Even more nebulous than that, though—I didn’t have a real concept of what or who I felt God really is. I didn't see God as this fatherly figure with a beard and old faded robes.
I decided to do something to try and deepen my connection to God. In December 2009, I reluctantly signed up to do the Step Beyond training through Pathways.
I had all kinds of judgments about the training. I assumed that because many of the people who did the training were Christian, there wouldn’t be much there for me. I decided that I would just go and see what it was all about.
Boy, was I in for it.
That training changed me… I owe it a separate post (which is now here), but I realized that what I really needed and wanted was God in my heart. And finally, I let Him in.
I realized that I didn’t have to share anyone else’s view of who or what God is: the important thing was taking that leap, of allowing a force outside of myself to come inside and change me from the inside out.
From that moment on… my life changed.
I started talking less, and listening more.
My own little miracle happened. I started getting messages from God. Maybe it was my own voice, maybe it was my conscience—maybe there is some other explanation for what I have heard over the past year and a half.
But I do know that if I hadn’t heard that voice, with those comforting words, or if I hadn’t heard what was being requested of me and I in turn obeyed… I wouldn’t be in nearly as good of a place as I am in on this day. I wouldn't be who I am in this moment.
For the first time, I learned what it was like to follow. To submit to something greater than me and accept my path was altogether terrifying and freeing.
I began to realize that I don't have to live perfectly, to live fully.
But, still, there was this Jesus issue.
I refused to accept Jesus as God’s only begotten son, who died for us on the cross. I figured that Jesus just wasn’t for me. I couldn’t make that leap of faith in my heart—the huge abyss between Jesus as an Important Prophet™ to… The Messiah—it was just lost on me.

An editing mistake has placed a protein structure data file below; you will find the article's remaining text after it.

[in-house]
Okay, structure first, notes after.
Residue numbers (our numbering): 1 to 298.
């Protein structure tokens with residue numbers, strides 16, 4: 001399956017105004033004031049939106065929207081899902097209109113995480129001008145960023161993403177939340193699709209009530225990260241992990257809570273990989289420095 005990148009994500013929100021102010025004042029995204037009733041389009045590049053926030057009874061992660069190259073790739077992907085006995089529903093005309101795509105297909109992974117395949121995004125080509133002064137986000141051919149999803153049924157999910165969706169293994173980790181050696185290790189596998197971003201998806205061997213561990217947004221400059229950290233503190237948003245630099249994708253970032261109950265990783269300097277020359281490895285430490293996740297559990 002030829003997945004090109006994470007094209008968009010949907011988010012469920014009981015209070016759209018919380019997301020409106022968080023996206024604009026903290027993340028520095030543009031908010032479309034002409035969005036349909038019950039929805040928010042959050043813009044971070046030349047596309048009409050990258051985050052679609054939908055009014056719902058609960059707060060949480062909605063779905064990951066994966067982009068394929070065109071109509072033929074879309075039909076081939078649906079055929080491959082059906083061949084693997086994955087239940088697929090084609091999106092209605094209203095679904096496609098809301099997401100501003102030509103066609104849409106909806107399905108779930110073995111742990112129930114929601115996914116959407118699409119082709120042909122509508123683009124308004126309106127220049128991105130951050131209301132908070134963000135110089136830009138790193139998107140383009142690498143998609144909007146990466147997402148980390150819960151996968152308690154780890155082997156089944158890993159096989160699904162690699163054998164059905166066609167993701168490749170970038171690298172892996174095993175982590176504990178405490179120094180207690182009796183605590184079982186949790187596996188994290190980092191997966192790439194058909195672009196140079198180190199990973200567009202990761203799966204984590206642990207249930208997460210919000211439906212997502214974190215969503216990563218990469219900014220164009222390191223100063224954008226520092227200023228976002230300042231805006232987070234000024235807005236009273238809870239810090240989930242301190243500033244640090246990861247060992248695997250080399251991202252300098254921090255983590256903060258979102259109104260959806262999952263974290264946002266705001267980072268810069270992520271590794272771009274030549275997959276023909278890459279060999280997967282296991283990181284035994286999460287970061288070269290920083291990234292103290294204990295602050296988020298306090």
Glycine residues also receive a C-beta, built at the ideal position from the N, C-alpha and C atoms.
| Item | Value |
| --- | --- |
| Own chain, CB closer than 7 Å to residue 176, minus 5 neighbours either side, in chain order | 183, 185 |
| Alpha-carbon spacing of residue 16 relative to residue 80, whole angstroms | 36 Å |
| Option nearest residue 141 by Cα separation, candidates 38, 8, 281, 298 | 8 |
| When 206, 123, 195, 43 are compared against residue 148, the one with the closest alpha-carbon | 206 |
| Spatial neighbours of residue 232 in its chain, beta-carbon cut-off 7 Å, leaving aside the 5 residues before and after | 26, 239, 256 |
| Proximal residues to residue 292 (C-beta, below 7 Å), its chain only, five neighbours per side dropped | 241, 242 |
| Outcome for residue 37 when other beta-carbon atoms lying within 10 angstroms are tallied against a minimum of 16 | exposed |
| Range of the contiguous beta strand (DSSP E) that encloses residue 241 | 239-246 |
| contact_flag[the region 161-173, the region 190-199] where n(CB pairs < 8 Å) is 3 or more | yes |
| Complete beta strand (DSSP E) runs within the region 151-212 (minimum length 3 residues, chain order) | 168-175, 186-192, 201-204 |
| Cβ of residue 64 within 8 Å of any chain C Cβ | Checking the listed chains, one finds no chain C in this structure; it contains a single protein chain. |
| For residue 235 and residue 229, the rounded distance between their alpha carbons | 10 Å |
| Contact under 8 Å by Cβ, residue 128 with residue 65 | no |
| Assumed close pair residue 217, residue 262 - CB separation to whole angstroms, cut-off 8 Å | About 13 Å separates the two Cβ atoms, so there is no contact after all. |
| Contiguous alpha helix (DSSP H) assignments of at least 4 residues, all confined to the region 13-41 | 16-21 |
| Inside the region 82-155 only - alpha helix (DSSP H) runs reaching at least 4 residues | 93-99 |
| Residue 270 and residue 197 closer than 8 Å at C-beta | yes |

And I accepted that.
(Funny how God works, though. For someone like me, it had to be one step at a time, and just allowing the presence of the Divine into my heart was a big enough leap for me at that point.)
My best friend has been a bright light in my life, and she has helped me understand what it really means to be a Christian. She helped me learn to not judge all Christians, to not shut out all Christians just because of the bad apples who wear religion like some pedestal to stand upon and use as a way to live “above” others.
And she, more than anyone, has witnessed (with great amazement and bemusement, might I add) how God has pursued me over the course of our friendship, but especially in the last 18 months.
Over the past several months, a few friends and I have been visiting various churches around the area, trying to find one that fits the best.
The one we keep going back to is Northaven United Methodist. And, while I’d like to hear more modern music and see fewer robes, all in hopes of attracting more younger adults... there is also something comforting about singing hymns I used to sing as a little girl, too.
I wasn’t sure, but I felt pretty strongly that I needed to be there. It almost felt like I had a hand at the small of my back, pushing me out the door.
Lord of The Dance was part of the gathering music. It’s a song I used to sing when I went to Christian camp as a kid, and it made me smile, hearing it again.
Then, we sang the opening hymn, Christ the Lord is Risen Today… Alleluia.
And, as is often the case at Northaven, where I feel a sense of comfort, light, and acceptance, I felt my eyes welling up as tears streamed down my face.
Even through all of the religious and political dogma of the church I grew up attending, something managed to sink in. Some things—mostly the music—still offer me great peace and comfort when I least expect it and most need it, and this morning was no different.
I almost lost myself, but I hung on and clung to what little bit of composure I had… and then the liturgy started.
I had to stop reading when we came to this part: “We live in a world where our best efforts at order and control often end in entropy and chaos.”
Order and control to entropy and chaos.
These words resonated so deeply in my soul that I felt a stirring I didn’t yet understand.